- The Washington Times - Monday, March 10, 2014

Chatter about climate change over a nice cup of coffee? Indeed, Senate Democrats have organized a cozy all-night talkathon that will last Monday night into Tuesday at the U.S. Capitol, meant to “wake up Congress to the danger of climate change” — this, according to Sens. Barbara Boxer of California and Brian Schatz of Hawaii, the leaders behind the effort.

Well, OK. That’s nice. Have fun. Something to remember, though.

“One irony. The Democrats’ warmathon will be powered up courtesy of the Capitol building’s coal-fired power plant,” says Marc Morano, executive editor of the Climate Depot and a climate-change policy expert at the nonprofit Heartland Institute.

“Working past sundown was a privilege first afforded to the average man by the invention of pressurized lamps that burned kerosene — a carbon-based fuel,” points out Taylor Smith, also a Heartland policy analyst.

“Electricity from other carbon-based fuels allows any American to work and produce, no matter the time of day — it’s not the same way in other countries. Senate Democrats would be better served if they called attention to this fact rather than CO2 emissions, especially if they’re going to rely on cheap illumination to do it,” Mr. Smith says.


“I have resigned from CBS.”

And so said Sharyl Attkisson in a tweet Monday afternoon. She had spent 20 years as an investigative reporter at the network, relentlessly pursuing information on multiple disquieting matters, including the 2012 Benghazi terrorist attack and “Fast and Furious,” a gun-running operation gone awry.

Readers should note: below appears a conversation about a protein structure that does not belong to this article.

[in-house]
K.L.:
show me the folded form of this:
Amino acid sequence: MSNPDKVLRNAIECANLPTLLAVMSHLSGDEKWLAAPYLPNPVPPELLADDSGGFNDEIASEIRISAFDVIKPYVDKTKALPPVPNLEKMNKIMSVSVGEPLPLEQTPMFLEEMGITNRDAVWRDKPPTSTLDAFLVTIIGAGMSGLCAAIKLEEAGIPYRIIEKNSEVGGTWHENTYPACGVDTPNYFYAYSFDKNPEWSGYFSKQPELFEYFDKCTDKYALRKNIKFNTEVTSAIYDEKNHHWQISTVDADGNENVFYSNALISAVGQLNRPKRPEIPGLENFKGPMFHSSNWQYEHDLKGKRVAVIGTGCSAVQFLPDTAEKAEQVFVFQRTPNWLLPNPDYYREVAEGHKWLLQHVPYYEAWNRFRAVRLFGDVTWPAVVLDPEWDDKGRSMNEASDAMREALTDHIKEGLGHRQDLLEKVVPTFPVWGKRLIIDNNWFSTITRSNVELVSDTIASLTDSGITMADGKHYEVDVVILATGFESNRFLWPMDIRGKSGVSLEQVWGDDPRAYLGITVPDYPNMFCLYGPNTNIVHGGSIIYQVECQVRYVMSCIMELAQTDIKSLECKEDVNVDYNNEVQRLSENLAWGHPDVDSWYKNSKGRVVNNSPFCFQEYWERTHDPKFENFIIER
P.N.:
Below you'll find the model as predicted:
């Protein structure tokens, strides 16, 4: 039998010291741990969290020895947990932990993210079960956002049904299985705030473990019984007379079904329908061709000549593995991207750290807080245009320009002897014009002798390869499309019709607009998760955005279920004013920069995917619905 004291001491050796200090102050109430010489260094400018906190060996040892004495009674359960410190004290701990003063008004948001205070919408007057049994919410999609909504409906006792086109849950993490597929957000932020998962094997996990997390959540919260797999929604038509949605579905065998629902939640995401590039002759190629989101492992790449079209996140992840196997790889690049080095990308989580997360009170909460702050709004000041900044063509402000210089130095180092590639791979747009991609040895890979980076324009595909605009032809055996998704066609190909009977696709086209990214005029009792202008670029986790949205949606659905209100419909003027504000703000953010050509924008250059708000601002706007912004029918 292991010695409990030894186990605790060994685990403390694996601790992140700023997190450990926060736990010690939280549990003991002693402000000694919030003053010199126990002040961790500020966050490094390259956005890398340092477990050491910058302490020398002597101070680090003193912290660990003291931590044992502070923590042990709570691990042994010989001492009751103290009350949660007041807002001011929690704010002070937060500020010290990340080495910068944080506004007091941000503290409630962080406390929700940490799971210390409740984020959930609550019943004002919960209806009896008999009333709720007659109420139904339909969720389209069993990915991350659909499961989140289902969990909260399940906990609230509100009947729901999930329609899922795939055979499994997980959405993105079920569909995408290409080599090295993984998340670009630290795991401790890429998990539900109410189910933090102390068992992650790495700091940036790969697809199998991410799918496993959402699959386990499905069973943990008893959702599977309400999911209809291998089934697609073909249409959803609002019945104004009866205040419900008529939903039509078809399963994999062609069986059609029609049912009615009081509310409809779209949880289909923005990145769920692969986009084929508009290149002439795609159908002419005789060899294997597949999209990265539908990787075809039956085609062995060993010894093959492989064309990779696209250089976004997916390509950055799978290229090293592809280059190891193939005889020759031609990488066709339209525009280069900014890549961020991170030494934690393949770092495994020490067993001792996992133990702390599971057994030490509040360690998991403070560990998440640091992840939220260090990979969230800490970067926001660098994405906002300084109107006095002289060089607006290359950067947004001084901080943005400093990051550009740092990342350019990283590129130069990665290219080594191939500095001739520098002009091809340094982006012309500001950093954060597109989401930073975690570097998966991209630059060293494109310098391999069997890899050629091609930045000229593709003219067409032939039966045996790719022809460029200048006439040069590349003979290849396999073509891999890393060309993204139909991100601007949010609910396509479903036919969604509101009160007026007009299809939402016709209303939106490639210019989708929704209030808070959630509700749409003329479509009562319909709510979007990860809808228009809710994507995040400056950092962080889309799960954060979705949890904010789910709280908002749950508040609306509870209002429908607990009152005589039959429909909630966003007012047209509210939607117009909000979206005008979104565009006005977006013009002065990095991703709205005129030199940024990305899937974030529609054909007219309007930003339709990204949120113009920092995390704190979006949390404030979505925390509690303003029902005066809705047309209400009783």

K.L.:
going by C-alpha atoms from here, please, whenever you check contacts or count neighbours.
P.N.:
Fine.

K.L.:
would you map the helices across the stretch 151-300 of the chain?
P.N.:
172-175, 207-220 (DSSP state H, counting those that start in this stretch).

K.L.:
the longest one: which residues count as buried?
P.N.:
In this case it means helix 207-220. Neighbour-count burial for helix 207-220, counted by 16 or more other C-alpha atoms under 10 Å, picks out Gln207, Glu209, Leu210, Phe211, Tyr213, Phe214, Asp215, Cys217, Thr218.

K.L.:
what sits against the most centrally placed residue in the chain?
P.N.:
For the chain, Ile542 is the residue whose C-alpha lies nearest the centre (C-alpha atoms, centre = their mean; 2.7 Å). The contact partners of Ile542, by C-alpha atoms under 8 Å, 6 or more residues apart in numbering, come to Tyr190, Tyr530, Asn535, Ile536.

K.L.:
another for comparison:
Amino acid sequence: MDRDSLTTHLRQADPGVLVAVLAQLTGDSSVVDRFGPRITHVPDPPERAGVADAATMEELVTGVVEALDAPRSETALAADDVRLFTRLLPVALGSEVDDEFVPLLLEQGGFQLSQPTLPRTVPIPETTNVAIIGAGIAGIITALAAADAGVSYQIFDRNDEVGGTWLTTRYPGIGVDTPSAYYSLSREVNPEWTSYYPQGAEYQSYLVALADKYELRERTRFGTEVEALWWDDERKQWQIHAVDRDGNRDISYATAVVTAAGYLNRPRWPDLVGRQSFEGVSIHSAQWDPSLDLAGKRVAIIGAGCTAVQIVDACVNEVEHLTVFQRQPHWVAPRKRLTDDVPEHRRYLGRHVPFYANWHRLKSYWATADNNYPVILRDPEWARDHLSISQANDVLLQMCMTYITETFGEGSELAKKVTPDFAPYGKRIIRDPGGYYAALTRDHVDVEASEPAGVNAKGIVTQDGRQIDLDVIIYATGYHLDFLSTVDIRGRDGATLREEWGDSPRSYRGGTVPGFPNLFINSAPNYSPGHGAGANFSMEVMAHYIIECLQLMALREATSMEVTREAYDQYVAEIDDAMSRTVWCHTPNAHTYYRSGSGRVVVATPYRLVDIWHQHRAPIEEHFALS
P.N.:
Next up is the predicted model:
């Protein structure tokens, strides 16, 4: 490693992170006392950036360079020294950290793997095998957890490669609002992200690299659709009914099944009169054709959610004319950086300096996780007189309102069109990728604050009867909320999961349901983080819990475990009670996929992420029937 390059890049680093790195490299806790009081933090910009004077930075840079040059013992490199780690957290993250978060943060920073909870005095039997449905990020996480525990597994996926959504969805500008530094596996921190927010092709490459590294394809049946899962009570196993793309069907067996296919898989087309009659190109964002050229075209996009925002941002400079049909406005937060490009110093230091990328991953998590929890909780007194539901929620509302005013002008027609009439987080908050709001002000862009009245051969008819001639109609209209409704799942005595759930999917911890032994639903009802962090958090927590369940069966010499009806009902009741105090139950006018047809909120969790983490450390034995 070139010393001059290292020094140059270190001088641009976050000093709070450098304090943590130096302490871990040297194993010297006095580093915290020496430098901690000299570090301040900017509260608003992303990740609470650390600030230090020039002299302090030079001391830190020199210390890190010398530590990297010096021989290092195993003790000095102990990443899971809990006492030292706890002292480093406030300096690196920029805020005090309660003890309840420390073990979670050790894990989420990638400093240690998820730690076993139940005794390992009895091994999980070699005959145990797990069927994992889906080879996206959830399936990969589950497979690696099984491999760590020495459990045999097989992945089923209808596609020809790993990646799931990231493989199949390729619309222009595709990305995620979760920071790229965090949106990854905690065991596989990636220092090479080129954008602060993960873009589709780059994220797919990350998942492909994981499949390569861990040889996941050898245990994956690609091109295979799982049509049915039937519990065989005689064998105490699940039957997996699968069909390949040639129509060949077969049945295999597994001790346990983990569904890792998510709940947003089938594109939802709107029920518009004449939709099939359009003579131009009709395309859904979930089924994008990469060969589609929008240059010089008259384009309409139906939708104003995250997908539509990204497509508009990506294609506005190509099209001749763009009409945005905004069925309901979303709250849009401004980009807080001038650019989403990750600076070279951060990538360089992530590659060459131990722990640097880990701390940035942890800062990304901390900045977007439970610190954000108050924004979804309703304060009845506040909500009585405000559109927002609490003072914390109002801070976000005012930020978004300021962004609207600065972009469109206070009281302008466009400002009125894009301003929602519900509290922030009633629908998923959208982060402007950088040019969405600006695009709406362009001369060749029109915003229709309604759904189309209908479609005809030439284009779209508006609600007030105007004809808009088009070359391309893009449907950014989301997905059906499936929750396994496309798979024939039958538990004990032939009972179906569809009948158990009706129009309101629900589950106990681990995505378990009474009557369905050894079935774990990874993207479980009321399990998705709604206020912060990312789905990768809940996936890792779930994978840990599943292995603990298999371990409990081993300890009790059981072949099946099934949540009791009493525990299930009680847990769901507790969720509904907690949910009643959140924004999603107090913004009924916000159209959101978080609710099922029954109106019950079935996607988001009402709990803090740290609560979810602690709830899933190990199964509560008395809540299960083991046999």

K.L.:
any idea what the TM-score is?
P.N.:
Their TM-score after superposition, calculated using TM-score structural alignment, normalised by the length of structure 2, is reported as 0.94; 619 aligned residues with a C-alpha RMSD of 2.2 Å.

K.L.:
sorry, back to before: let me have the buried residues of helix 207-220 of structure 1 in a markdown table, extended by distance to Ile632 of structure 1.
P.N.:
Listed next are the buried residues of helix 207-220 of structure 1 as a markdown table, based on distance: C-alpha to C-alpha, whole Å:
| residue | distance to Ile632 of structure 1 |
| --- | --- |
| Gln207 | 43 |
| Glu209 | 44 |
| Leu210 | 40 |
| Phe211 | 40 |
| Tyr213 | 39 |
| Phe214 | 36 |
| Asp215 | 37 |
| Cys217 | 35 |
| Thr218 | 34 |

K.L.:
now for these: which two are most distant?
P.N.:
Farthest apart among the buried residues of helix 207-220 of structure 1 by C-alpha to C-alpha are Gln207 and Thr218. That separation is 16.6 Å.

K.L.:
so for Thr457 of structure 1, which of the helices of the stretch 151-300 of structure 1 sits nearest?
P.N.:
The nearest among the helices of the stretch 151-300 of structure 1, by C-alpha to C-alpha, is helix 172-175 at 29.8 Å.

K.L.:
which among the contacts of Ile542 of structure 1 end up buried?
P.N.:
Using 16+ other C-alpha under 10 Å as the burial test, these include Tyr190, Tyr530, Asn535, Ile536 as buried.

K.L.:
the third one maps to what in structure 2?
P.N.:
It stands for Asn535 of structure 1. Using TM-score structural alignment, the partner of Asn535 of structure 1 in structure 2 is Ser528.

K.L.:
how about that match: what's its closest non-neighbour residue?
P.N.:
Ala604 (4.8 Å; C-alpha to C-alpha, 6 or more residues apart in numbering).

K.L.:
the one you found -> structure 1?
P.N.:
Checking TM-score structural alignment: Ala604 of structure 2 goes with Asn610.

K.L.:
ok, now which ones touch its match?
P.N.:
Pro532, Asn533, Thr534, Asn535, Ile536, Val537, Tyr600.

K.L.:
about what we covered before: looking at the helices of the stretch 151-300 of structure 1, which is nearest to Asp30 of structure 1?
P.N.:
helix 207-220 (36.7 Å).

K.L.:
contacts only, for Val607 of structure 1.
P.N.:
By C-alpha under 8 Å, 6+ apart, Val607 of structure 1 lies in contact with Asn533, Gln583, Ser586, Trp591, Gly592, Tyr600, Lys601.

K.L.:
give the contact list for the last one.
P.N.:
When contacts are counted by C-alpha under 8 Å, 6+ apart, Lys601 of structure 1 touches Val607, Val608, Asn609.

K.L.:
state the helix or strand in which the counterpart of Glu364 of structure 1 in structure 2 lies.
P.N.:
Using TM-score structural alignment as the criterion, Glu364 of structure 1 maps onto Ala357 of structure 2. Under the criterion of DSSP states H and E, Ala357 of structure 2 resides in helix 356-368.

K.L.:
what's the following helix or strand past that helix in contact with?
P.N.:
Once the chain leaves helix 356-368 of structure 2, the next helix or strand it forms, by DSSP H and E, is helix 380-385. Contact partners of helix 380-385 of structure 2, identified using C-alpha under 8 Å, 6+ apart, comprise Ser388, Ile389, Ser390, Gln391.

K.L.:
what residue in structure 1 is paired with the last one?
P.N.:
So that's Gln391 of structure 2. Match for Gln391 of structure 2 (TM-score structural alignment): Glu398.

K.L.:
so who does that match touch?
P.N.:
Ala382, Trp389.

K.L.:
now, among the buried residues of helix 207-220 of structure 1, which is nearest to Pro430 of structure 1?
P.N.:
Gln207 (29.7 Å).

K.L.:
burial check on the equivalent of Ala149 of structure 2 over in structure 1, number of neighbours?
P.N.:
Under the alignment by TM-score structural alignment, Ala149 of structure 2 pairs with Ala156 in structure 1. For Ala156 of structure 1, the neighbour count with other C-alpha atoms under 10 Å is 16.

The multiple-award-winning Ms. Attkisson leaves CBS citing liberal bias “an outsized influence of the network’s corporate partners,” according to a report from Politico. Yes, she’s writing a book about her experiences called “Stonewalled: One Reporter’s Fight for Truth in Obama’s Washington.” It is scheduled to go on sale Nov. 4 — Election Day.

Meanwhile, at her Twitter bio, the third-degree taekwondo black belt and married mother of one describes herself as “Investigative journalist, dreaming of a day when public officials answer questions as if they know they work for the public.” And her motto? “Untouchable subjects. Fearless reporting.” Her parting with CBS was, she says, amicable.


Hurrah: some well-deserved kudos for Bill Gertz, national security columnist for The Washington Times and an investigative journalist for the Washington Free Beacon. The meticulous watchdogs at Accuracy in Media have given Mr. Gertz their much-coveted Reed Irvine Award for Investigative Journalism.

“Bill Gertz, the author of six books, has developed an exceptional level of expertise in the areas of intelligence and counterintelligence that has inspired comments from several directors of Central Intelligence and other CIA officials about his extraordinary access to inside information,” the group says in their statement of recognition.

“Gertz has broken many significant stories through the years on Soviet and Chinese espionage and subversion. In the past week alone, Gertz has reported on the development of a new Chinese intermediate-range nuclear missile, on the failure of the Obama administration to hold Russia accountable for its development and testing of nuclear missiles in violation of a treaty, and on the U.S. military’s lack of preparedness for modern cyberwarfare,” it continued.

Mr. Gertz also happens to like what he does.

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